Serological assays are of critical importance to investigate correlates of response and protection in COVID-19, to define previous exposure to SARS-CoV-2 in populations and to verify the development of an adaptive immune response in infected individuals.
We studied 509 confirmed COVID-19 patients from the San Raffaele Hospital of Milan and 480 pre-pandemic organ donor sera collected in 2010-2012. Using fluid-phase luciferase immune precipitation (LIPS) assays, we characterized IgG, IgM, IgA antibodies to the spike Receptor Binding Domain (RBD), S1+S2, nucleocapsid, and ORF6 to 10 of SARS-CoV-2, to the HCoV-OC43 and HCoV-HKU1 betacoronaviruses spike S2, and the H1N1Ca2009 flu virus hemagglutinin. Sequential samples at 1 and 3 months post-hospital discharge were also tested in 95 patients for SARS-CoV-2 RBD antibodies.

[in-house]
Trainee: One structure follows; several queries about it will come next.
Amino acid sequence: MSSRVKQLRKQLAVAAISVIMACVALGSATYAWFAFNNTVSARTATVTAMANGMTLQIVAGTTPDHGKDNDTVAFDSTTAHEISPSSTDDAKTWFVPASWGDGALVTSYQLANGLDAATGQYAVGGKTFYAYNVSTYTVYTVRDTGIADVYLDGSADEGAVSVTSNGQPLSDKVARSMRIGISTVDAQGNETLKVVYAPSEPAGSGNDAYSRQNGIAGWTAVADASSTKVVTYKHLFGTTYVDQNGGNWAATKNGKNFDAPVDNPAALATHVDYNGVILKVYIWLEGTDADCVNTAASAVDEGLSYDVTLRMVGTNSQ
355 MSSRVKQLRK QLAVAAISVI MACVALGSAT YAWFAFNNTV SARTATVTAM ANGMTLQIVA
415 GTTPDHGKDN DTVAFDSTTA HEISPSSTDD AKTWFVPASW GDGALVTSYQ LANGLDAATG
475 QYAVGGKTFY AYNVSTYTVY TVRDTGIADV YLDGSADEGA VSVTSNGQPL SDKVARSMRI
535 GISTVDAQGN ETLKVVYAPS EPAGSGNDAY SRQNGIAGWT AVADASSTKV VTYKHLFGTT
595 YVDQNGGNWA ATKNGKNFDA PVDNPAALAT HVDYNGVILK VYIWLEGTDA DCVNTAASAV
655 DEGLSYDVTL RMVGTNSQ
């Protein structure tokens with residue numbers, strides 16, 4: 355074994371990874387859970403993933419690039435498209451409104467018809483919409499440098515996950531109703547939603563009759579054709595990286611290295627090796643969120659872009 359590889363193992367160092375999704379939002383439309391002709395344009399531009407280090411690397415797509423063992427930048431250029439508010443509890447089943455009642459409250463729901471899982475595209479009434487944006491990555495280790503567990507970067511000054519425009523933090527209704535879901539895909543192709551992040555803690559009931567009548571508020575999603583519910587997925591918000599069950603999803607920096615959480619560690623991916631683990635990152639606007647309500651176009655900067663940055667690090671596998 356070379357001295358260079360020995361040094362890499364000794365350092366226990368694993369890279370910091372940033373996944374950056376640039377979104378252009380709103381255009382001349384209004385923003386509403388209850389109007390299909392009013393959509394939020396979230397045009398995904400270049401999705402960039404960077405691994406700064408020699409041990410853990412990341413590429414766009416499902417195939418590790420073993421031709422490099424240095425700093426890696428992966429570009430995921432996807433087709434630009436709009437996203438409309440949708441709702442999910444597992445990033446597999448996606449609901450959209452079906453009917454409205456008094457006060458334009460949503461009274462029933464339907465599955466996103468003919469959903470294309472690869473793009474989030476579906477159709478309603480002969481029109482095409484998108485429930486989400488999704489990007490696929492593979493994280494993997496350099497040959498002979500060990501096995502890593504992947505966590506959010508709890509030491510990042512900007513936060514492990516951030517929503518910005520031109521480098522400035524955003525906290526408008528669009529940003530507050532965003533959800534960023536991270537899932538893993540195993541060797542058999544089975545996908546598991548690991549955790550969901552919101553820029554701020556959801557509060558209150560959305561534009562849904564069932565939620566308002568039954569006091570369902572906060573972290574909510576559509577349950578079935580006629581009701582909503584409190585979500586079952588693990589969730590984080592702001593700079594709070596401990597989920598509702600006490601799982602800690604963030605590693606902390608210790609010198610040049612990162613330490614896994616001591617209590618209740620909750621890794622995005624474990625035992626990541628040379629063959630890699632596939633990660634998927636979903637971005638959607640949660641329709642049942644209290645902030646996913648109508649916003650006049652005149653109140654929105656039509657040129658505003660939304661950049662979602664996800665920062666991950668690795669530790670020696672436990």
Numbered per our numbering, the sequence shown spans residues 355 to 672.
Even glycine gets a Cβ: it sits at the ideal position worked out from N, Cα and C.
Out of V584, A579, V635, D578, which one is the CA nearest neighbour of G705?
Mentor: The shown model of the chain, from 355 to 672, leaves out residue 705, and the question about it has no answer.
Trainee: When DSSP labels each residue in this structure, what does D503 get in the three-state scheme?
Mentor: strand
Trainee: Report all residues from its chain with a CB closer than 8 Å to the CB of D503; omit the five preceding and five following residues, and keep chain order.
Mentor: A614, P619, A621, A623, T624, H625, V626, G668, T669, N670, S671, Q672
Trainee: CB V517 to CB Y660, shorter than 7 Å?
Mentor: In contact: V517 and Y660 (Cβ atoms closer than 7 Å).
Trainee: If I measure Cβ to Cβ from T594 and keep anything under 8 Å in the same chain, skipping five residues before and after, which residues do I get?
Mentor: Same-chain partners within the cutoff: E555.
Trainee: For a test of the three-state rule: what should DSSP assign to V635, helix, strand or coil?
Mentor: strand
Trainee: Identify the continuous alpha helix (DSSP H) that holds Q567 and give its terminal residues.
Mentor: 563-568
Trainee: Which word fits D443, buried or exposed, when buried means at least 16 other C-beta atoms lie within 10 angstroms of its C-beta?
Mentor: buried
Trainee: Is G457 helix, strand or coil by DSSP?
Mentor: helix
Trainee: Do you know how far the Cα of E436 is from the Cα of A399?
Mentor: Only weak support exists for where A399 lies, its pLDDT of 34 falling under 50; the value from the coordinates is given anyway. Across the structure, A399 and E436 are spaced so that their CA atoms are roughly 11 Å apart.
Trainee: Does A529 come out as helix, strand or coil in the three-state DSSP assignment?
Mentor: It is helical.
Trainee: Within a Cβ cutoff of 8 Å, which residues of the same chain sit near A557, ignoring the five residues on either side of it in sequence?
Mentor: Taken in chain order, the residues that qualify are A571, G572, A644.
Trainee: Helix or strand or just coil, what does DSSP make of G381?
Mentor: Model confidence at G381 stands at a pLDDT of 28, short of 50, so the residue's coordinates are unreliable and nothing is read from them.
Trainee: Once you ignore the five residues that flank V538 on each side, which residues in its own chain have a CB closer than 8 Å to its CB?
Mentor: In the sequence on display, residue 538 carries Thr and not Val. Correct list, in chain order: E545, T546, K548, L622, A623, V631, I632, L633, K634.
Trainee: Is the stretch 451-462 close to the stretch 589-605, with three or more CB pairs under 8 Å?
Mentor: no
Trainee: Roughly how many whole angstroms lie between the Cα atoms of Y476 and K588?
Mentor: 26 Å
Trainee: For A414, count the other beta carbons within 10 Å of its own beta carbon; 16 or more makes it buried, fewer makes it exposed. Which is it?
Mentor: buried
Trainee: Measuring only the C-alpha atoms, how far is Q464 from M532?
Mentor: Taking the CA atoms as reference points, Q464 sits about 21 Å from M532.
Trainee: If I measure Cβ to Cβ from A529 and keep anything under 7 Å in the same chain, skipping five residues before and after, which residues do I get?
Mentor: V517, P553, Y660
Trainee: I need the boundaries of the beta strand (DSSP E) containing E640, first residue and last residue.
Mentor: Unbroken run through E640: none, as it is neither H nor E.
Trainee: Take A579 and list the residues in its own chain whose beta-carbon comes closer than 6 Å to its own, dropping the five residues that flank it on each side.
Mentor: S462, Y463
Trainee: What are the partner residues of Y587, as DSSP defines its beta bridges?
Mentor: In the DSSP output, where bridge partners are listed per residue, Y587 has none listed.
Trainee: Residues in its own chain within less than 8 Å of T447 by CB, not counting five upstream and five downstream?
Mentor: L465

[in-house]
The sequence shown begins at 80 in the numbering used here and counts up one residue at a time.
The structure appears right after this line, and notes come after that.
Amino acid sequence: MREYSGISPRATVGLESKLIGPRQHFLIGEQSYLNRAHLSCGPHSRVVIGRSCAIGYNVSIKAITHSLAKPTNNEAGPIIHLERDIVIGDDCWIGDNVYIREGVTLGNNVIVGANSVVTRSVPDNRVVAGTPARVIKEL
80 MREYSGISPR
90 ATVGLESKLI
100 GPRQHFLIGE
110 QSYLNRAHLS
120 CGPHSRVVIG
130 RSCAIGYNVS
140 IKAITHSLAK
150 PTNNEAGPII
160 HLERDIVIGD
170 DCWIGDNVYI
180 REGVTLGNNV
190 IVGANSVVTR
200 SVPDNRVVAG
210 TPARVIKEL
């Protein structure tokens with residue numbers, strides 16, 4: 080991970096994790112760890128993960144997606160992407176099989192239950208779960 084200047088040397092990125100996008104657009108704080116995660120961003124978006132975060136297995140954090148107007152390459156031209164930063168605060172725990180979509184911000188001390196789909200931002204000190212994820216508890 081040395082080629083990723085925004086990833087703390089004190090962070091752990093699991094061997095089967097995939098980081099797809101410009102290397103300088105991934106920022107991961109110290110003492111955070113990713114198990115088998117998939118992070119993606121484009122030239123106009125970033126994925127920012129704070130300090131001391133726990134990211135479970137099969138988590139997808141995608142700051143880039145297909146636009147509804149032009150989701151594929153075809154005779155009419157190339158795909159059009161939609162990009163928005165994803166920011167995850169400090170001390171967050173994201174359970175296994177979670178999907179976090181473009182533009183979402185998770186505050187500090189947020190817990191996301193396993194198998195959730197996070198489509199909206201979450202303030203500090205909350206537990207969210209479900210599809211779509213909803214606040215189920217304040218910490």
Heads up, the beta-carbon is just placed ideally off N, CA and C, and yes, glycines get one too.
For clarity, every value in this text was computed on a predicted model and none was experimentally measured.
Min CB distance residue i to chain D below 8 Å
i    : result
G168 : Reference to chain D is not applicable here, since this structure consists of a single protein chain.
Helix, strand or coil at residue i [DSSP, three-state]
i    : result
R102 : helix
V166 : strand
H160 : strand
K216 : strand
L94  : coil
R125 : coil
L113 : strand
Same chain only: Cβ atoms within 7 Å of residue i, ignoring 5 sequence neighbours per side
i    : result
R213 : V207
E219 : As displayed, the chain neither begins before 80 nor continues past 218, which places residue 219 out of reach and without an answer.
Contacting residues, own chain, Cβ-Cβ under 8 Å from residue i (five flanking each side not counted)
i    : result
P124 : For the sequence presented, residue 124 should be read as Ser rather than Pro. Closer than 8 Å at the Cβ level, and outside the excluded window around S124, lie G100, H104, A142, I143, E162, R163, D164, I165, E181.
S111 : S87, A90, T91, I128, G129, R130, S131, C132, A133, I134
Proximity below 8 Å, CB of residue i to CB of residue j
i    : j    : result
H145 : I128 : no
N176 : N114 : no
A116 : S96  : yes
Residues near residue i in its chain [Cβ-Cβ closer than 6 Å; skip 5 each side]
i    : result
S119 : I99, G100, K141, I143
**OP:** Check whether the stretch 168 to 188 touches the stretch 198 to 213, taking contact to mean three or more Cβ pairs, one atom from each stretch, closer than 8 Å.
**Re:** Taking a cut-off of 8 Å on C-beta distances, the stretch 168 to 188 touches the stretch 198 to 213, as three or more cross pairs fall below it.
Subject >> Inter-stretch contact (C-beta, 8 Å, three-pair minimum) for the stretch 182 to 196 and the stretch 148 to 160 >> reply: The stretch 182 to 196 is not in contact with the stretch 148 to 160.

Antibodies developed rapidly against multiple SARS-CoV-2 antigens in 95% of patients by 4 weeks post-symptoms onset and IgG to the RBD increased until the 3rd month of follow-up. We observed a major synchronous expansion of antibodies to the HCoV-OC43 and HCoV-HKU1 spike S2. A likely co-infection with influenza was neither linked to a more severe presentation of the disease nor to a worse outcome. Of the measured antibody responses positivity for IgG against the SARS-CoV-2 spike RBD was predictive of survival.
The measurement of antibodies to selected epitopes of SARS-CoV-2 antigens can offer a more accurate assessment of the humoral response in patients and its impact on survival. The presence of partially cross-reactive antibodies with other betacoronoviruses is likely to impact on serological assay specificity and interpretation.